To see the new 450 do well, that was cool because you know how people talk and all that about how the bike isn’t going to be good. Now they all see that he’s a great rider on that bike and maybe even better than he was on Suzuki.
Were you surprised that it happened so quickly?
I have to say I’m surprised it happened this soon, I knew he was going to be good but after I saw the other guys at Anaheim, I thought it would take a while but he’s been good.
Roger [DeCoster] and Ian [Harrison] and all those guys have worked so much on the bike, it’s gotten so much better and it’s paid off for them. It’s new motivation for them as well, they see that it is possible. I’m sure Pit [Beirer] and the guys in Austria are really happy.
Have you ridden the 450 yet?
I have always wanted to, especially before I went back to Europe but on the day I was going to ride it I didn’t have a good day. I was making mistakes and thought I’d better just leave it alone. Maybe I’ll ride it now or real soon.
Looking ahead to Dallas, the defending champion Justin Barcia looks to be your main competition. Would you agree?
Yeah I’d say so. I’ve watched some film and tried to study him to try and beat him. I don’t want to go out there and in the first race, give everything it takes to go for the win. I think for the first race, it’s just good enough to get up and have a solid ride. As the series goes on, it’s time to get serious and bang bars a bit, but for the first race just get a good ride in there.
What about the GP series that you are the MX2 champion of, how do you break that series down?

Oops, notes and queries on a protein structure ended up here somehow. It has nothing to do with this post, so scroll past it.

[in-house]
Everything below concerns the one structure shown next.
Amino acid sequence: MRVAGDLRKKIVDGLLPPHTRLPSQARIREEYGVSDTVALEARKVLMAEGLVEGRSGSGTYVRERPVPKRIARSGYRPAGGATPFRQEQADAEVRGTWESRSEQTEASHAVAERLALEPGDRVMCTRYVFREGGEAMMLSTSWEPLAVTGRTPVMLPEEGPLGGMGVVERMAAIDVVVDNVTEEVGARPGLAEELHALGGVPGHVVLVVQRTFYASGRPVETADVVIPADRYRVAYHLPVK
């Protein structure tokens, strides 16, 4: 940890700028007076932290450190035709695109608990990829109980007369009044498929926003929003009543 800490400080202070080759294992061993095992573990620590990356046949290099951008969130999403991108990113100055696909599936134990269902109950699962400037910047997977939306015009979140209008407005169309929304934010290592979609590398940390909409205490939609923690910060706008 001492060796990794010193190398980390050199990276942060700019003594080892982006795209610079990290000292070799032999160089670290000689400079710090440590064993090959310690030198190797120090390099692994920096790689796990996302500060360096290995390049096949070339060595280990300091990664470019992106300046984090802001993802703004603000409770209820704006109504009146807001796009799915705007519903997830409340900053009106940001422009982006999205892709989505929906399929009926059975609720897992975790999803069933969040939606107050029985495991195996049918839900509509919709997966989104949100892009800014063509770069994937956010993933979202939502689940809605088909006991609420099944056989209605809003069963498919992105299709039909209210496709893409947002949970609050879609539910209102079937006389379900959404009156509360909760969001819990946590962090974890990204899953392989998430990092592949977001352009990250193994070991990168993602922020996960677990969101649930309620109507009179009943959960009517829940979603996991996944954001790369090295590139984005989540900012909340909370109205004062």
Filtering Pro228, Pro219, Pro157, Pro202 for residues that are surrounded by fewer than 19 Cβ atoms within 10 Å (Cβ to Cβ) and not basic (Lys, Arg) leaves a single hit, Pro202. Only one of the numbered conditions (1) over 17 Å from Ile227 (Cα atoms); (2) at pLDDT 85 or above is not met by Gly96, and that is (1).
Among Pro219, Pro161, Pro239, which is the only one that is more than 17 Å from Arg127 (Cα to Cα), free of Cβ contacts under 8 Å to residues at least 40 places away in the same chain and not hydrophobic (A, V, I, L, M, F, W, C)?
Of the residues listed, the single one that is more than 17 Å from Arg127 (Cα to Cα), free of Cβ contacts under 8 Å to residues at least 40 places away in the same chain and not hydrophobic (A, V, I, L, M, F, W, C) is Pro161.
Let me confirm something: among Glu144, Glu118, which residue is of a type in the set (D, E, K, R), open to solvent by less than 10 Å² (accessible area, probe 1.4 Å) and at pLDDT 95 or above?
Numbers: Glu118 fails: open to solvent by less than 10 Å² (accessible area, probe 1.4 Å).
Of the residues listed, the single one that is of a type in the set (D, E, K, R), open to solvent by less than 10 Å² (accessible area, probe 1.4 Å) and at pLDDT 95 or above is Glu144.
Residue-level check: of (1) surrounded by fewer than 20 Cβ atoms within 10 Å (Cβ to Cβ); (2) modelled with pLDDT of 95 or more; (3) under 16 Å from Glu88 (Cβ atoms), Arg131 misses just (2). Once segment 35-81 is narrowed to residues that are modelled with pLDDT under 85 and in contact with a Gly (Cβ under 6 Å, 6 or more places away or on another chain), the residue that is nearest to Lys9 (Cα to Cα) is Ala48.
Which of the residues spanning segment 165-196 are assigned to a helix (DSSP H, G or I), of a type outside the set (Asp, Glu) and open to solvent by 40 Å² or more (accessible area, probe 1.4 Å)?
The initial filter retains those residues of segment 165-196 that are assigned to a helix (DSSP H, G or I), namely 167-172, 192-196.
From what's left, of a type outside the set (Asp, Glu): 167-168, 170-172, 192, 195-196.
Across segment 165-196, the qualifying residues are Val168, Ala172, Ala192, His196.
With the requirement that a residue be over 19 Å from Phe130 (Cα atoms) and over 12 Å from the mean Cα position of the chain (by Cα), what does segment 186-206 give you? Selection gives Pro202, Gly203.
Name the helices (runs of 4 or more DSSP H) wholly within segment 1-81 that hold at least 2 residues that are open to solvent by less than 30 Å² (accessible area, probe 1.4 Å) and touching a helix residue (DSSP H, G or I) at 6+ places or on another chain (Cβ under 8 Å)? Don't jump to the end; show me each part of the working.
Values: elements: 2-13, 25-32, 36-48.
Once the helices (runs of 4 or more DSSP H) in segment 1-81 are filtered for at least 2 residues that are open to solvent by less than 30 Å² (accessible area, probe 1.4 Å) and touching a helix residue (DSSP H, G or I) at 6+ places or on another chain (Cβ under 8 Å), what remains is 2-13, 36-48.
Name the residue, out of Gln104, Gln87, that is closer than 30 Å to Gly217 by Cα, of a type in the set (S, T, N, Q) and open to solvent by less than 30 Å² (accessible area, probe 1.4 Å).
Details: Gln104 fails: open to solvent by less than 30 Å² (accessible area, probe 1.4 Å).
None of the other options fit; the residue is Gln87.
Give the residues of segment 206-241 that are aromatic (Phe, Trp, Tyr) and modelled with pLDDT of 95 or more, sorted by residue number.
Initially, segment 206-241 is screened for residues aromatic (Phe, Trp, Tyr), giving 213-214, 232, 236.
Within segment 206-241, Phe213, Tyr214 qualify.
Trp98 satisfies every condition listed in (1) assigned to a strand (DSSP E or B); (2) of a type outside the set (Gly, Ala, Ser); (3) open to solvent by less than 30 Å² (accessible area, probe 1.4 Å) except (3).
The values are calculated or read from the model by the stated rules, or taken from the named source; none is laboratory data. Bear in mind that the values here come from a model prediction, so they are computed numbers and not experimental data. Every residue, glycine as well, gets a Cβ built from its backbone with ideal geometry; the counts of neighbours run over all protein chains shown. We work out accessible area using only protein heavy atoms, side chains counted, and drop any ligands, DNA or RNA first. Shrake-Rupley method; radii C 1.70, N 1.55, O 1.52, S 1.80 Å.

I think that if you look at it, it’s Antonio Cairoli as the favorite in the MX1 class. Jeffrey Herlings, he’s never been the hunted rider and it’s going to be good to see how he handles the pressure. I’m sure he thinks he’s going to be the guy but it’s not that easy.
There aren’t a lot of fast riders in that class but there are always guys that step up. Even last year there were some good performances put in and I don’t think the class is as deep but Tommy Searle will give him a good run. I know what it’s like to be the rider in the front and have the pressure on you to not make any mistakes and have everyone watching you.
As far as Tony, when I see him practice, I think that he’s going to be the guy to beat, but there’s no one that can match his speed. A guy like Frossard, when they come up from the 250’s, they are all aggressive and scrubbing and all that but they have to do it all year long like Tony does.
After Bulgaria last year, when he hurt his knee, it was like he was done. But the season is so long it doesn’t matter if he’s 10th or whatever early on. I like that, he doesn’t care what he’s doing early in the year but then he turns it on.
You still getting used to your new number 70 over here?
The number is ok, it’s not that I don’t like it but I’ve always had number 94 and I’ve always loved it. It’s always been my number! It’s like when you have a wife for twenty years, when you don’t have her any more you’re bummed and this is the same feeling.
I’m number 70 now and when I write autographs out, it’s still weird. So who knows? Maybe I have to run the number one next year but if I have a choice, I’ll take my number 94 back!